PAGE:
Went to wallyworld® again this morning to pick up a few items. Bought some more 9x19mm while I was there (couldn't hurt). My local store has it at $11.99/50rds, which is about the cheapest centerfire cartridge you can get around my neck of the woods. They also have a good supply of it too; they've had in stock every time I have visited this year. Can't say the same for .45ACP or .357 Magnum, both of which are more expensive and harder to find. Talking with others on gun forums I find that different regions have their own specific problems. One I talked with hasn't been able to find any 9mm for months while another had all that they could buy at the much better price of $9.99. A year ago my local store had nothing most of the time except a few very over priced items (how about $45.99 for 50 rounds of .44 Mag). Now, a year later the situation is much improved. I can't say that I expect the prices to come down much more (they might go back up) but supply is definitely better and I have been able to find every caliber that I've been looking for if I look hard enough, even if I wasn't completely happy with the price when I found it. Current plans are to continue buying, if only a box or two at a time. I have no intention of a repeat of last year where I had a gun that I had no ammo for and didn't know when I would get any. That won't happen again, ever.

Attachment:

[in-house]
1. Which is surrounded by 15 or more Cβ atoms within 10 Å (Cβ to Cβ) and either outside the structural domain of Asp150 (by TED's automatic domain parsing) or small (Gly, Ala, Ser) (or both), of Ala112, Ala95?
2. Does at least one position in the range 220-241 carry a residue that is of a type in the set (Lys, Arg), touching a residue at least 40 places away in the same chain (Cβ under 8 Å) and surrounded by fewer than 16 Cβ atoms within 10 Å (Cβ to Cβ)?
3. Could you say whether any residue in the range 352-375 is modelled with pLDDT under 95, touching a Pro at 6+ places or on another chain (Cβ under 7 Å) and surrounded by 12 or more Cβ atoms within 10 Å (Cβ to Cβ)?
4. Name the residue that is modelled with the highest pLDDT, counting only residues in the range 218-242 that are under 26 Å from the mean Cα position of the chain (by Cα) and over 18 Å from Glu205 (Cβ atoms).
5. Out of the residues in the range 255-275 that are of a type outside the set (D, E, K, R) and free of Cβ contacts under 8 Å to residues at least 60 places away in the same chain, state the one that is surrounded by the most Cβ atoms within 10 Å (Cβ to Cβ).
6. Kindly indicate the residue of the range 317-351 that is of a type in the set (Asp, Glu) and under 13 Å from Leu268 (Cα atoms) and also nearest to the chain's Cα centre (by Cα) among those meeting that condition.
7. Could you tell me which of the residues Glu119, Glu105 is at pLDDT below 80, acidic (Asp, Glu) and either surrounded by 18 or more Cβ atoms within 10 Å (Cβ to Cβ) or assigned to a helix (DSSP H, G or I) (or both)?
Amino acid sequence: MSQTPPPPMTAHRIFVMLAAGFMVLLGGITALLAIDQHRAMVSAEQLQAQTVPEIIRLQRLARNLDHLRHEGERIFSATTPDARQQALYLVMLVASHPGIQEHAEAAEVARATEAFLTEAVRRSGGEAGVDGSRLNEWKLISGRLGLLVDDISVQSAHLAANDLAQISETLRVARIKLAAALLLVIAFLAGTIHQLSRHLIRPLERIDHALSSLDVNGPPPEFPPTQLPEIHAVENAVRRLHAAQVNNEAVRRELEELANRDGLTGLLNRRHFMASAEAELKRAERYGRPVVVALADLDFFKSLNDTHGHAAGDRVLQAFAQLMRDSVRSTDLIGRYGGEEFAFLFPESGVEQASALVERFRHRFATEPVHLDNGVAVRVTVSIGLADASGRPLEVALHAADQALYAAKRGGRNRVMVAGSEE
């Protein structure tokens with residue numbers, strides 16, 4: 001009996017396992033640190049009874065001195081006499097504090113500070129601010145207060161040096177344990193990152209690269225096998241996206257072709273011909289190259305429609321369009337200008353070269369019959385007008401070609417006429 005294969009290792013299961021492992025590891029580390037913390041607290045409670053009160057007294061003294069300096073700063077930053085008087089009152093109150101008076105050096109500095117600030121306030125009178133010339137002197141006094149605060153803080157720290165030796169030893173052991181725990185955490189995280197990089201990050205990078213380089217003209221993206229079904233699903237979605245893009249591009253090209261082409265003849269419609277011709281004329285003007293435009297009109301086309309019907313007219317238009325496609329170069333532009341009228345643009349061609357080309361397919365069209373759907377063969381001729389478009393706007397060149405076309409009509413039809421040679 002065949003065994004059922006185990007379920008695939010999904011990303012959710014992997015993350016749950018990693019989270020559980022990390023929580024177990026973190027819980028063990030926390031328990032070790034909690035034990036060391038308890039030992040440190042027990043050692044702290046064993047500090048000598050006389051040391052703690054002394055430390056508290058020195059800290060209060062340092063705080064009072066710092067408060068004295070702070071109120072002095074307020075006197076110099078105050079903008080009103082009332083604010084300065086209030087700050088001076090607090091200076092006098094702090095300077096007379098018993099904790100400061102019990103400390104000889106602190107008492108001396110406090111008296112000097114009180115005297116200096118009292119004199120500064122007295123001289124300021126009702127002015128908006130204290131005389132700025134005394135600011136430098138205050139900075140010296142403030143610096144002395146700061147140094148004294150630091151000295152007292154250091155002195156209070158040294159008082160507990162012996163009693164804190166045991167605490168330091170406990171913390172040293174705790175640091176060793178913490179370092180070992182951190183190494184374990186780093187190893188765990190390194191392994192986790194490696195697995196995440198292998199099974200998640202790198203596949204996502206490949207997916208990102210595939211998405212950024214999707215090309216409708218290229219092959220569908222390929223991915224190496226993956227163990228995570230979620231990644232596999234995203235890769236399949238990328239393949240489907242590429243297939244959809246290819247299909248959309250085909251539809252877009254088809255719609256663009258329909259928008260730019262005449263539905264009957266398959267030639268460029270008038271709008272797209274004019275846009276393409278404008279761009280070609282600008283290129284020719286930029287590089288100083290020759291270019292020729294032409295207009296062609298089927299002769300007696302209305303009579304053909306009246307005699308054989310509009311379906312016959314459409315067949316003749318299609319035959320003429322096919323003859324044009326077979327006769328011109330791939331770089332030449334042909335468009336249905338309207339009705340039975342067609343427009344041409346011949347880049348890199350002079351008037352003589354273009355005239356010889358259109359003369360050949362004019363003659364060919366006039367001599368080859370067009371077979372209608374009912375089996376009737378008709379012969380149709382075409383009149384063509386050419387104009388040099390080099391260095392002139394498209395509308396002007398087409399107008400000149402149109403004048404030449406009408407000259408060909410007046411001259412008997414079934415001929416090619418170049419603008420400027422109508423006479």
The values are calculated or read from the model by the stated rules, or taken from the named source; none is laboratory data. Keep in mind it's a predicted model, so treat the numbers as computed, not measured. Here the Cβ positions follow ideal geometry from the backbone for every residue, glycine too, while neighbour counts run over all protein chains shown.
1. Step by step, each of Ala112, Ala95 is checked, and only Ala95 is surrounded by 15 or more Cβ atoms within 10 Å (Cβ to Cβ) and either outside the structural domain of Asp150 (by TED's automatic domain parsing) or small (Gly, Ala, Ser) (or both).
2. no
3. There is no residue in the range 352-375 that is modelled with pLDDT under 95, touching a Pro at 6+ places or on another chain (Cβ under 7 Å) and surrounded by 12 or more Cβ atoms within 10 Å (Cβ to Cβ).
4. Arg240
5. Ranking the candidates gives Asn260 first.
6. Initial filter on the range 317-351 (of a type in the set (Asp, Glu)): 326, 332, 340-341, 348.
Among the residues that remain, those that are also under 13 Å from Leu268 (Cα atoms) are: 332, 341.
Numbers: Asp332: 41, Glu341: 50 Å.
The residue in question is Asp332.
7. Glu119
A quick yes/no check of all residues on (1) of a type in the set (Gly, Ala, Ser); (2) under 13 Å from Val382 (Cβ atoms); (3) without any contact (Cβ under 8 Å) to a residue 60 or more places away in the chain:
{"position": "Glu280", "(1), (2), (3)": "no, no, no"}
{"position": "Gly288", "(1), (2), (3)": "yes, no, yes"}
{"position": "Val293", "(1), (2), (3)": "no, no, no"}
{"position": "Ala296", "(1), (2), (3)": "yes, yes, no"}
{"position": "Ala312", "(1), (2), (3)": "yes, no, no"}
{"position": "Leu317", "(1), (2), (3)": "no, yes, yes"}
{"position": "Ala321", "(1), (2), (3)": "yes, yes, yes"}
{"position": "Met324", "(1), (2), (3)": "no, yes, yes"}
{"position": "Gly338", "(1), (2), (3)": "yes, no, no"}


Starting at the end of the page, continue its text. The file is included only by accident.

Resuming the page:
Books - How To Survive The End Of The World As We Know It

After reading How To Survive The End Of The World As We Know It by author and founder of James Wesley, Rawles I must say that this book is very informative and scary. Scary when you realize just how under prepared you are if something really bad does happen...

Saturday, April 24, 2010

Retro Pop (Culture) - You Light Up My Life